author = "M. Borodovsky and McIninch, {J. D.} and Koonin, {E. V.} and Rudd, {K. E.} and C. Medigue and A. Danchin",
year = "1995",
month = "1",
day = "1",
language = "English",
volume = "23",
pages = "3554--3562",
journal = "Nucleic Acids Research",
issn = "0305-1048",
publisher = "Oxford University Press",
number = "17",

}

TY - JOUR

T1 - Detection of new genes in a bacterial genome using Markov models for three gene classes

AU - Borodovsky, M.

AU - McIninch, J. D.

AU - Koonin, E. V.

AU - Rudd, K. E.

AU - Medigue, C.

AU - Danchin, A.

PY - 1995/1/1

Y1 - 1995/1/1

N2 - We further investigated the statistical features of the three classes of Escherichia coli genes that have been previously delineated by factorial correspondence analysis and dynamic clustering methods. A phased Markov model for a nucleotide sequence of each gene class was developed and employed for gene prediction using the GeneMark program. The protein-coding region prediction accuracy was determined for class-specific Markov models of different orders when the programs implementing these models were applied to gene sequences from the same or other classes. It is shown that at least two training sets and two program versions derived for different classes of E.coli genes are necessary in order to achieve a high accuracy of coding region prediction for uncharacterized sequences. Some annotated E.coli genes from Class I and Class III are shown to be spurious, whereas many open reading frames (ORFs) that have not been annotated in GenBank as genes are predicted to encode proteins. The amino acid sequences of the putative products of these ORFs initially did not show similarity to already known proteins. However, conserved regions have been identified in several of them by screening the latest entries in protein sequence databases and applying methods for motif search, while some other of these new genes have been identified in independent experiments.

AB - We further investigated the statistical features of the three classes of Escherichia coli genes that have been previously delineated by factorial correspondence analysis and dynamic clustering methods. A phased Markov model for a nucleotide sequence of each gene class was developed and employed for gene prediction using the GeneMark program. The protein-coding region prediction accuracy was determined for class-specific Markov models of different orders when the programs implementing these models were applied to gene sequences from the same or other classes. It is shown that at least two training sets and two program versions derived for different classes of E.coli genes are necessary in order to achieve a high accuracy of coding region prediction for uncharacterized sequences. Some annotated E.coli genes from Class I and Class III are shown to be spurious, whereas many open reading frames (ORFs) that have not been annotated in GenBank as genes are predicted to encode proteins. The amino acid sequences of the putative products of these ORFs initially did not show similarity to already known proteins. However, conserved regions have been identified in several of them by screening the latest entries in protein sequence databases and applying methods for motif search, while some other of these new genes have been identified in independent experiments.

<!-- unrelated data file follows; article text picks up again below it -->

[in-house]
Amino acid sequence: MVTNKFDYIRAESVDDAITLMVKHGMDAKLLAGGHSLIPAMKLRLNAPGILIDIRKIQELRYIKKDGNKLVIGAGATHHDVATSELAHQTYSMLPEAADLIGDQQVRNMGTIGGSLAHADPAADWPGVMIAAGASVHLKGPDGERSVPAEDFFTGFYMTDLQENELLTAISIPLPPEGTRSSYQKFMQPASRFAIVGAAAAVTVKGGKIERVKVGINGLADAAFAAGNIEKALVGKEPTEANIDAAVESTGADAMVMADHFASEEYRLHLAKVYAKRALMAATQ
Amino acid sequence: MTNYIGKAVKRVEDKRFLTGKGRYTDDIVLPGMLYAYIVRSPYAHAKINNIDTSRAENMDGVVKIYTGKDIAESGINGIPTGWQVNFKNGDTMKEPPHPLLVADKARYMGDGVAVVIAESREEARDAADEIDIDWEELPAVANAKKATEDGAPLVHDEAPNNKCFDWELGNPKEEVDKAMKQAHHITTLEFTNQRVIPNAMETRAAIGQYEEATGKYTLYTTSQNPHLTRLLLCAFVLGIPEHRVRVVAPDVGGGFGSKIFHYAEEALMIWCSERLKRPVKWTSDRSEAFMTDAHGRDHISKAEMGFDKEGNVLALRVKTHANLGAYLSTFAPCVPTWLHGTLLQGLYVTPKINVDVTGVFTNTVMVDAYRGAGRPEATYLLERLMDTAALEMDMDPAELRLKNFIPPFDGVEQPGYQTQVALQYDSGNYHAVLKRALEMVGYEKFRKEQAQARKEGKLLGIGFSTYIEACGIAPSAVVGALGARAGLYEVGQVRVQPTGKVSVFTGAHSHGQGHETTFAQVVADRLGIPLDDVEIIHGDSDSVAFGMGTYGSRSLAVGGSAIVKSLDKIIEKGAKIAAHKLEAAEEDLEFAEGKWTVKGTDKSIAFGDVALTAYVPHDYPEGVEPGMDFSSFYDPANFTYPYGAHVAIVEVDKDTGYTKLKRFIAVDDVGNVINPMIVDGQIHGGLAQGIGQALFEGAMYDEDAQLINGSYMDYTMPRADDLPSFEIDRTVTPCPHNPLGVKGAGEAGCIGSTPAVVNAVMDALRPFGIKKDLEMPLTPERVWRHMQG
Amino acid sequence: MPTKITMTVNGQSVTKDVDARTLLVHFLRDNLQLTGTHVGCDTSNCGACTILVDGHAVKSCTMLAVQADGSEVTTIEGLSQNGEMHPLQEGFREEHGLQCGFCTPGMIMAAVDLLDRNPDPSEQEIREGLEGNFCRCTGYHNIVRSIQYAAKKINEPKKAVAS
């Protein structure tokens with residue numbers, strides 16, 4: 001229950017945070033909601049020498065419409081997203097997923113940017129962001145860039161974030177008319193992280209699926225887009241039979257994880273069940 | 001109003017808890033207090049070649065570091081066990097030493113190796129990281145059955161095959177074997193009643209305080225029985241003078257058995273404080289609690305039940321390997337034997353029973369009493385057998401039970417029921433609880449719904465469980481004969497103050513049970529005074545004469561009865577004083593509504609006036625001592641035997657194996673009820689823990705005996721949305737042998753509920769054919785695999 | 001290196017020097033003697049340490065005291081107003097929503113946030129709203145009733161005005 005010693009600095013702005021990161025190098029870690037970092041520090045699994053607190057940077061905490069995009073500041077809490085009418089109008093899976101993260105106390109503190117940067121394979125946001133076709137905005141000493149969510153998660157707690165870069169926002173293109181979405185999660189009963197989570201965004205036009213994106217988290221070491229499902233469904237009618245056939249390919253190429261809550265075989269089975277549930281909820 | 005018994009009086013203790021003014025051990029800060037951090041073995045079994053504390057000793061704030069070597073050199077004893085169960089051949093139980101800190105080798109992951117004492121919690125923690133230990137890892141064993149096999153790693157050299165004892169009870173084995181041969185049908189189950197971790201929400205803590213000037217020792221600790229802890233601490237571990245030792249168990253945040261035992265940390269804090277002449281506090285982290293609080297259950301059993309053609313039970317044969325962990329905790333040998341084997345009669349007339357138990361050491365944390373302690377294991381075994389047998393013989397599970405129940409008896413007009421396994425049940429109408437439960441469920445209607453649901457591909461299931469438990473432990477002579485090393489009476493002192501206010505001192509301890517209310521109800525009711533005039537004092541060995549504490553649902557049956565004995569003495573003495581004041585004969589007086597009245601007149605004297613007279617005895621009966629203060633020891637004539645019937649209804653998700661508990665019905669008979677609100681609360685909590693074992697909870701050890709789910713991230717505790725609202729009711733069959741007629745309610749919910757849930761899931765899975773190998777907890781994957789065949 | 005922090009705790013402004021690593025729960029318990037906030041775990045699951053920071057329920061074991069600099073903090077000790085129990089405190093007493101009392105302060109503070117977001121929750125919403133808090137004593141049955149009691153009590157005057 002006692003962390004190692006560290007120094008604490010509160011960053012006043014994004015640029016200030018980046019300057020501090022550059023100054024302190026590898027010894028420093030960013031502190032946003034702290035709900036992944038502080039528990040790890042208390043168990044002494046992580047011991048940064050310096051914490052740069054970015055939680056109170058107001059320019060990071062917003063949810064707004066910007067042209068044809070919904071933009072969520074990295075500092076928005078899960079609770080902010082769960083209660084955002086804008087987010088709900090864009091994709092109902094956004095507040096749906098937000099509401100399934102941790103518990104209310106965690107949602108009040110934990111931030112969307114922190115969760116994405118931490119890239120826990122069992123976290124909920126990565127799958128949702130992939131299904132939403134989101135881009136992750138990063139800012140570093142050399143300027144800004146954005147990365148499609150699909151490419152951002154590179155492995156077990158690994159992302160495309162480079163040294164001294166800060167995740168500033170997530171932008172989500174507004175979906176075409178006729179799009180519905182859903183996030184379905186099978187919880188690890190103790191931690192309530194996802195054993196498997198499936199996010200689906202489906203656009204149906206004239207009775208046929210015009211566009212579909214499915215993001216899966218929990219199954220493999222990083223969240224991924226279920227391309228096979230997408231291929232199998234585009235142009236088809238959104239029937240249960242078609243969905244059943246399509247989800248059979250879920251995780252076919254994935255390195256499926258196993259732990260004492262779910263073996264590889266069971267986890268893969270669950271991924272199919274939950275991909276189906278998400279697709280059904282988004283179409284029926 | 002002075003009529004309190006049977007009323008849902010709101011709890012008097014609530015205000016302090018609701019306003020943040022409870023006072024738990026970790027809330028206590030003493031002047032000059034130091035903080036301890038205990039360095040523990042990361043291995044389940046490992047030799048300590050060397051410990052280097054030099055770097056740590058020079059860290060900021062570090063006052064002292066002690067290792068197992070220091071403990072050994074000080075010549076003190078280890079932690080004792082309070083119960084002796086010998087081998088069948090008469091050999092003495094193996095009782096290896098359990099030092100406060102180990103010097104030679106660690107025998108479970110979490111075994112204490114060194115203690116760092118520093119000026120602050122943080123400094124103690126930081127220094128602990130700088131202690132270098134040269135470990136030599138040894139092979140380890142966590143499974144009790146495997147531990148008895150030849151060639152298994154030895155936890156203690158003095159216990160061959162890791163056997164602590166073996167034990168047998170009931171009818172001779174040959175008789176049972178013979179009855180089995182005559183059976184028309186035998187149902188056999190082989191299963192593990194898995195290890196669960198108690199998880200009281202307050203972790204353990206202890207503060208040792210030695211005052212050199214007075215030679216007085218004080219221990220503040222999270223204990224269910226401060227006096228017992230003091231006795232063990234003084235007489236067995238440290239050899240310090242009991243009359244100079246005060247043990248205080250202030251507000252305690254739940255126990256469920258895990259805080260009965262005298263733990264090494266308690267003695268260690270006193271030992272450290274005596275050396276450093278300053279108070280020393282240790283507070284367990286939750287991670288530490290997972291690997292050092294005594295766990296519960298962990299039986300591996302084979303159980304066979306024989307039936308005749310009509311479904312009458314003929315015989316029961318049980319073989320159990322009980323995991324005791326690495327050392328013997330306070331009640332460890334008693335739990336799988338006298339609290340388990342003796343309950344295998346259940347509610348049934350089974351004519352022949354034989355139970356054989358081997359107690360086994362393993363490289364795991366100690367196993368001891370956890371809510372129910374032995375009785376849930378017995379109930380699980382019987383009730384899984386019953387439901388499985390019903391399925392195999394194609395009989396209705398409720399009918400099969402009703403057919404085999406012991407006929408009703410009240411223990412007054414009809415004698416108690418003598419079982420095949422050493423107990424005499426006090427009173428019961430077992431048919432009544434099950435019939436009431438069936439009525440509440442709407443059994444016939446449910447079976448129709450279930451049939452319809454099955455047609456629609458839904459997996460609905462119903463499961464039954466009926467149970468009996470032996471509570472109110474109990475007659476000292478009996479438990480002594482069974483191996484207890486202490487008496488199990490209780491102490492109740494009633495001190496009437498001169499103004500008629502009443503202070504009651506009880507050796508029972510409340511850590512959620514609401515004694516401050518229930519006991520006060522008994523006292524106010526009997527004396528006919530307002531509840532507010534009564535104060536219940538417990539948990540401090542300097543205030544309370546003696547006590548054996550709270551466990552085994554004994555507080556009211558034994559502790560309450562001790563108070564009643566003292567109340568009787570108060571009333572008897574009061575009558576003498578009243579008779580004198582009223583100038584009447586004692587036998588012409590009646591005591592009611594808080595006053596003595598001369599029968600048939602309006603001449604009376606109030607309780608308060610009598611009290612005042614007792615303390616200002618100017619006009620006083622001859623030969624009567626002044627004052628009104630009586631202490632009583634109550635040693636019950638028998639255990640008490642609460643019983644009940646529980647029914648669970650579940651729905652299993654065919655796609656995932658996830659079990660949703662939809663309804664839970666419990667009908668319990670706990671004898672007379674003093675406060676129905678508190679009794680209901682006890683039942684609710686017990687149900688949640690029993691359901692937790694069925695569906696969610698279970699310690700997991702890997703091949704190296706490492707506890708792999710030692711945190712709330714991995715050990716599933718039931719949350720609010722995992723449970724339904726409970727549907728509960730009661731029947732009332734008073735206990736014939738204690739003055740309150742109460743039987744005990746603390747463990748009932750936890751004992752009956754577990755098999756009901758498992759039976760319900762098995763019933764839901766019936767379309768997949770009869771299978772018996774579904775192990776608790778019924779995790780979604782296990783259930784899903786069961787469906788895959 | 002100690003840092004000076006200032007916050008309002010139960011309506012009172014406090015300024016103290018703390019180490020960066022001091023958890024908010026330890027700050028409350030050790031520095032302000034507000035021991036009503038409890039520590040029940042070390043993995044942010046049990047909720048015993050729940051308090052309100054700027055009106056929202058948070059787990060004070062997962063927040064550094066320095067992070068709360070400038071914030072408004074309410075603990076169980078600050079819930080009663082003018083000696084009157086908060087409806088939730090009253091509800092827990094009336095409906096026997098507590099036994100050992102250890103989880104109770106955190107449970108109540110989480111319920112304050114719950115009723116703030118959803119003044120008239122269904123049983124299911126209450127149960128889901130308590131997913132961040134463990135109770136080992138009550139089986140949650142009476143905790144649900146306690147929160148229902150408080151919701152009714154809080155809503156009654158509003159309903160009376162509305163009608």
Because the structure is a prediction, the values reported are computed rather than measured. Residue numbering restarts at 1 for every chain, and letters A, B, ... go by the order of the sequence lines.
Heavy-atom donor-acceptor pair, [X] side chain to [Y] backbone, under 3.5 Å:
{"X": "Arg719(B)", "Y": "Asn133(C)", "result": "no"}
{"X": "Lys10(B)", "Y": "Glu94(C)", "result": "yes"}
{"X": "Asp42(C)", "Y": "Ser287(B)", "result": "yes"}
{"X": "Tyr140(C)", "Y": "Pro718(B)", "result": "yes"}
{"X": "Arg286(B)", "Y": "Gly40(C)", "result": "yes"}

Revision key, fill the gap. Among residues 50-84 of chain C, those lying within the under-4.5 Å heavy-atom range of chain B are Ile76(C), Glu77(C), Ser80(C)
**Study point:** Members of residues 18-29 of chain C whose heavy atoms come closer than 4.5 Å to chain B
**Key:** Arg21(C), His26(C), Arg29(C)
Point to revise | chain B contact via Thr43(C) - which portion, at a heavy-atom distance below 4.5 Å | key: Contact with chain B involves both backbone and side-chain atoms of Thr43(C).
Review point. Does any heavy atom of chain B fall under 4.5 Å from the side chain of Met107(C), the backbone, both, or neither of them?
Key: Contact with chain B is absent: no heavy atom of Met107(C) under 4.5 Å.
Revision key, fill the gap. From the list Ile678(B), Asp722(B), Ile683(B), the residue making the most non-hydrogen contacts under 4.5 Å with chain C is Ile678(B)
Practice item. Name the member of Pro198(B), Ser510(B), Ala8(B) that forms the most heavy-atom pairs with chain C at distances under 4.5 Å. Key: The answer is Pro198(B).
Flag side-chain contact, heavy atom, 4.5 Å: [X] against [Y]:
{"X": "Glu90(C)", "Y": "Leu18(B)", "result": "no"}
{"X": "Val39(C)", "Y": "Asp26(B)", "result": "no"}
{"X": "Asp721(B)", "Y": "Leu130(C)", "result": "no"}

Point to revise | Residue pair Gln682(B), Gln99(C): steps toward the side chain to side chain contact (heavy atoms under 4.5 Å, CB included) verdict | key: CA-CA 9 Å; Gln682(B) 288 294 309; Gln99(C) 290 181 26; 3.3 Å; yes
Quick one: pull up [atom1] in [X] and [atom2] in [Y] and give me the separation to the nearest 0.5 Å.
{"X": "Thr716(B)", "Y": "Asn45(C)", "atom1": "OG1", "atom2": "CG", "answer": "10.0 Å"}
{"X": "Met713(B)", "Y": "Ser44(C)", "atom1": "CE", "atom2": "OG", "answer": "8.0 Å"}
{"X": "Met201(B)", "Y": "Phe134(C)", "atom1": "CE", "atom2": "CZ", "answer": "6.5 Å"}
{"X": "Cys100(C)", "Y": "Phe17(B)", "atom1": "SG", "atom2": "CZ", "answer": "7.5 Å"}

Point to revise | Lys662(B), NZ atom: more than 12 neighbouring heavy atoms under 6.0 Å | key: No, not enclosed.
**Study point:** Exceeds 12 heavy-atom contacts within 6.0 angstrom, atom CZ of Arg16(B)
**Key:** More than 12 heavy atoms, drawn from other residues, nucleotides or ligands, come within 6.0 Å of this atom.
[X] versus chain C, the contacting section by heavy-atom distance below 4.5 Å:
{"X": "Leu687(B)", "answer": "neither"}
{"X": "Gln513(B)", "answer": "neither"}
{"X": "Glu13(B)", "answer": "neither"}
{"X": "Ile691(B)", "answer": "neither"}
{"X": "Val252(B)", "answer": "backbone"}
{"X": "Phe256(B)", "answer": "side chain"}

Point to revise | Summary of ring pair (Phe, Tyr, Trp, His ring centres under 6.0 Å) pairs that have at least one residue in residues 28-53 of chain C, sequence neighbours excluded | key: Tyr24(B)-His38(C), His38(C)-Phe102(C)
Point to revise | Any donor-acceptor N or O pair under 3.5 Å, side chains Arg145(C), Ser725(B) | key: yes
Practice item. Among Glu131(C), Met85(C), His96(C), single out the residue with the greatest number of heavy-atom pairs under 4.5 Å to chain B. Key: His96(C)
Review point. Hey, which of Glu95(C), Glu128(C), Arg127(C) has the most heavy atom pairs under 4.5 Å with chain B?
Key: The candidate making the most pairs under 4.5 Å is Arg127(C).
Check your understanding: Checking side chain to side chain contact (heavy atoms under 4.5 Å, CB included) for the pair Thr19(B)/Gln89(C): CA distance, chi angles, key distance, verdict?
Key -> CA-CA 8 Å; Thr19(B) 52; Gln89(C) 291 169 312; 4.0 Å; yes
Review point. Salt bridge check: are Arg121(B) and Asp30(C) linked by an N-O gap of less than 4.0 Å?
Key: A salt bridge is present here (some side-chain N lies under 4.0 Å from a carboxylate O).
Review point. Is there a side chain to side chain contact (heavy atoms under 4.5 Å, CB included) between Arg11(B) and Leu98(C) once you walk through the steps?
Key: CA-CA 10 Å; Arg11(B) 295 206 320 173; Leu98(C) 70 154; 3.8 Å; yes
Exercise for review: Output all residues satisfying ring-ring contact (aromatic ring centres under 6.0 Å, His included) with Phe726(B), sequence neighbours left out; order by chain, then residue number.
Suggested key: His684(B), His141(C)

UR - http://www.scopus.com/inward/record.url?scp=0029056051&partnerID=8YFLogxK

UR - http://www.scopus.com/inward/citedby.url?scp=0029056051&partnerID=8YFLogxK

M3 - Article

C2 - 7567469

AN - SCOPUS:0029056051

VL - 23

SP - 3554

EP - 3562

JO - Nucleic Acids Research

JF - Nucleic Acids Research

SN - 0305-1048

IS - 17

ER -